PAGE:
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About Always"watching"

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  1. I'd like a little bit more information here, dear Rotundus, and perhaps a couple of pics. Are there Seiko watches that are very similar to their Marine Master models but without the name "Marine Master" on the dials?
  2. Dear @blacksmith, good suggestions from WRENCH but nothing wrong with a Tissot either. Good luck with your first purchase, and remember, personal enjoyment and satisfaction is the name of the game here without going bust.
  3. Just to say that all the "standout" brands/companies you mention produce fine watches within their market sectors.
  4. Many thanks everyone for this most interesting thread.
  5. Welcome to the Forum, dear blacksmith. Your first post is just too much of a mouthful for me to swallow, and I can't honestly answer all your questions. Every watch collector has had their own individual way of getting into the act of buying their first watch and there will always be a risk factor in their choice, which is part of the excitement. You are already half-way there by joining the Forum and I would advise you to lap up the advice that is here all around you from experienced and knowledgable Forum members. On the one hand, it might be wise to hone your short-list down to one or
  6. I see that @nevenbekriev has done some looking for you, and I myself have also looked up the serial number that occurs on your pocket watch movement plate on elginnumbers.com, which also provides a useful summary of information about your watch. That makes a good start to your quest for information. Searching online for information about American pocket watches can be productive, and @spinynormanhas already given you a couple of web addresses concerning the case of your watch. So my advice is, get Googling.
  7. You're right there, Jon, about the "re-selling of each other's products under various brands". It has sometimes made my life as a researcher into watch history a nightmare. Thanks for mentioning the NACAR brand; I'll try and find out more.
  8. Dear Norman@spinynorman, in connection with "Jungfrau" as a brand name, I just wondered if you have looked to see if you can find any useful references to Jungfrau watches other than on Mikrolisk. In particular, there is a cohesive group of watches from the 1950s, 1960s and 1970s which have the Jungfrau brand name in script on the dial, and it would be nice to know who was responsible for these watches. I have so far drawn a blank in my searches.
  9. A book just on the subject of Ferranti synchronous clocks, and I was thinking of writing a history of the whole Ferranti organization on seeing your first Ferranti. I'll take a very big rain check on that idea. Good luck with the restoration work on the latest additions to your Ferranti collection.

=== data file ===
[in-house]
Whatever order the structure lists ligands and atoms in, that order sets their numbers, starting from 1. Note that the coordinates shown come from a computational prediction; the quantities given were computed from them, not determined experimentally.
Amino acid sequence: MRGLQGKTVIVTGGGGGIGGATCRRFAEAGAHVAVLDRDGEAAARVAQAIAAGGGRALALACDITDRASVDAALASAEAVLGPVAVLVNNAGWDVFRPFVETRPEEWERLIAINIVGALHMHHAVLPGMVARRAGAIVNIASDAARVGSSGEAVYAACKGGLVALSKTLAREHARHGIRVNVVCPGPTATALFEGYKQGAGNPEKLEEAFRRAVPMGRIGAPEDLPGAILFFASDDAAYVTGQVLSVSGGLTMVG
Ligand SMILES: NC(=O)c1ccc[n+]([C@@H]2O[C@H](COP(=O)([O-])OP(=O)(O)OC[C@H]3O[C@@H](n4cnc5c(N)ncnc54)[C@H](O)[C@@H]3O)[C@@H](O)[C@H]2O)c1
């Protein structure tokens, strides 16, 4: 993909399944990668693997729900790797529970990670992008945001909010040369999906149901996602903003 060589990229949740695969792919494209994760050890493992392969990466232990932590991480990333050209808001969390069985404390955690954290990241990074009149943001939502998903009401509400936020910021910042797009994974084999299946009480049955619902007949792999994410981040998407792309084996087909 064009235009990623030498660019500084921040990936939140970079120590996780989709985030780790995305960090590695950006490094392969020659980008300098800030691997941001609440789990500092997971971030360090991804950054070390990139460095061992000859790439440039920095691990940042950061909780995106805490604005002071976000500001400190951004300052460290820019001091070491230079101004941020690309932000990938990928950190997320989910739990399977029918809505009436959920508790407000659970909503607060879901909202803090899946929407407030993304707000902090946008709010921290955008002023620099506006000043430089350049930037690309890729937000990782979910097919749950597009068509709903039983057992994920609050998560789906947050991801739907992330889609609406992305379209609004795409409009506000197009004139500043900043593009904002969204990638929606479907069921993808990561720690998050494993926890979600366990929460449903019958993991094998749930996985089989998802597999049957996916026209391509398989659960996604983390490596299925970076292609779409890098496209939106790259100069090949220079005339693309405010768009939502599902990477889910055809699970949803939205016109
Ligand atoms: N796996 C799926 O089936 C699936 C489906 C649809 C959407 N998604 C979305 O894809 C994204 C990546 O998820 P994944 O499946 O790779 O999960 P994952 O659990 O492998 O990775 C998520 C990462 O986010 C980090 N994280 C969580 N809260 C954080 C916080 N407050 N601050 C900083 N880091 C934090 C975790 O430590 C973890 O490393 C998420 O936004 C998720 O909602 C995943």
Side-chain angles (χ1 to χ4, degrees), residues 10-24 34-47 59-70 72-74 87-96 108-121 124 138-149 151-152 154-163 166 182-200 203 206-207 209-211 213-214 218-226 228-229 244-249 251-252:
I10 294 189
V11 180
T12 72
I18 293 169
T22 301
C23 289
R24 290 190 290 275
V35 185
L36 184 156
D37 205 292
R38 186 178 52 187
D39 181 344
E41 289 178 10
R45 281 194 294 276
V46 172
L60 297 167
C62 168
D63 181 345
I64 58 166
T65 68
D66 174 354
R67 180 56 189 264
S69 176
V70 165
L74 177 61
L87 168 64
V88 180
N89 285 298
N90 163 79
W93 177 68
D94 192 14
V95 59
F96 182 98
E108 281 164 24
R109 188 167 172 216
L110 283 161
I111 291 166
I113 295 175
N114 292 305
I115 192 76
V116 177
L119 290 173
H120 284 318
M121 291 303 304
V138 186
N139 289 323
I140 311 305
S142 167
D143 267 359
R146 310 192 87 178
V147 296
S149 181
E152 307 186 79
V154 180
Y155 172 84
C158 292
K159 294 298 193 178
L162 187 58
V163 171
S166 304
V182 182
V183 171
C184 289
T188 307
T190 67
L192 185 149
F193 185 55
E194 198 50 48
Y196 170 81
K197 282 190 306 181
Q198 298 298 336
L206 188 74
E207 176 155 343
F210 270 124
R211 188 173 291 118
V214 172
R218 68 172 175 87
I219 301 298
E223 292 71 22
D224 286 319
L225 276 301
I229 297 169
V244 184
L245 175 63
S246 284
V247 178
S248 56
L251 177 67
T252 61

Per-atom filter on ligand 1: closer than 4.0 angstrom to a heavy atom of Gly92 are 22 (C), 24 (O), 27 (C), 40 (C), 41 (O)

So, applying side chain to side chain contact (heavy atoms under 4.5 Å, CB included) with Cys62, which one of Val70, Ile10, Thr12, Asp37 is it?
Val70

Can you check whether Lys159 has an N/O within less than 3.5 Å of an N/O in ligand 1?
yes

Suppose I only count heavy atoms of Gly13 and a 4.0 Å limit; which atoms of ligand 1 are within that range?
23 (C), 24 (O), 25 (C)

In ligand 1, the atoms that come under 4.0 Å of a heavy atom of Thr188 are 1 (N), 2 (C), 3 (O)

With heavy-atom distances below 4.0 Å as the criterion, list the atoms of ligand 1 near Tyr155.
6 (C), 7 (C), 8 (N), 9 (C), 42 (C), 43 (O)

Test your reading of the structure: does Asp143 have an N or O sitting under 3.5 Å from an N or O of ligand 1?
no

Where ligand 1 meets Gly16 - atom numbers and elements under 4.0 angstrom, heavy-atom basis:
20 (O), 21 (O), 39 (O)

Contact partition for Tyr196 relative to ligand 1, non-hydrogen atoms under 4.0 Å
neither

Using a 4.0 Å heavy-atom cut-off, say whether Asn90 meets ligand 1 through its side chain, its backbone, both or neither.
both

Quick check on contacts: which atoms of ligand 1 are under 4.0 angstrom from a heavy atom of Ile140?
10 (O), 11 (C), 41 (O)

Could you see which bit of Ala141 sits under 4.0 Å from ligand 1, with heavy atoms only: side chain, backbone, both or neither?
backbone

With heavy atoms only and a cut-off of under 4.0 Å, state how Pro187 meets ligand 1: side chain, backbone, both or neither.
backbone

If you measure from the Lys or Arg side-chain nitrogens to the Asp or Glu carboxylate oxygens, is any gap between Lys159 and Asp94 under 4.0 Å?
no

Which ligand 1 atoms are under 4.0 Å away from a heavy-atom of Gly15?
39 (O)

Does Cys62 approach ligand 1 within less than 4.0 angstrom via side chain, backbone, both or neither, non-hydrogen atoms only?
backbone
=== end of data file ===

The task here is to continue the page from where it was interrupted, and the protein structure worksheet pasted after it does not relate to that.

10. I promise I will leave this thread alone after making just a couple of observations; I am beginning to regret writing the topic at the head of this thread, which was meant to focus as much on the Donald Blakeslee story as on the Blakeslee Chronograph. With regard to your last post, dear Caller, I do feel that it is unrealistic and somewhat unfair to compare Schofield with Avi-8 in the matter of "full disclosure" of where every watch component comers from. Schofield watches are luxury items costing thousands of pounds, and the market structure is very different to that served by Avi-8, whos
  11. I note that my topic and this thread has brought up some interesting opinions and facts. I will therefore try and deal with some of them. The question of Avi-8's "Britishness" and whether customers are being deceived into thinking that Avi-8 is a British company opens up a murky can of worms that goes far beyond that individual firm and affects many watch brands, including some that many members like and enjoy; note for example the history in relatively recent years of the Dreyfuss Group and the Rotary watch brand. Interestingly, dear @Caller., some time after your 2018 post quoted by you
  12. A watch that is so "generic" in appearance, and plain, there isn't a great deal to talk about, but that may be no disadvantage...
  13. I also admire your handiwork and rather like the clock. What is of special interest to me is the Ferranti name on the clock, representing an amazing company with a British heritage that was in business from 1885 until 1993 when it went bankrupt and was broken up. The Ferranti name is still in use but no longer the title of a major British company.
  14. Dear Caller, please note that I was careful in my topic to state that Avi-8 is a British-based company and not specifically "British". To be honest, I am not particularly fussed that Avi-8 watches come from China and I notice that the Avi-8 website makes no claim to "Britishness" apart from their contact address and, perhaps, the fact that many of their models are/have been commemorative/celebratory of British military aviation history. As a watch collector who is limited in funds, my range of options for new watches would be drastically curtailed if I was churlish enough to reject Chin
  15. New York Times portrait of Donald "Don" Blakeslee (pic from static01.nyt.com): Avi-8 is a British-based watch company that specializes in watches that appeal strongly to aviation enthusiasts, with designs that are peppered with allusions to famous and historical planes. The example we are looking at here is the newly launched Avi-8 P-51 Mustang Blakeslee Chronograph, and this model pays tribute not only to the Mustang itself but also to one of the great fighter aces of World War Two - the American pilot Donald Blakeslee. Given that the watch is inspired by, and n
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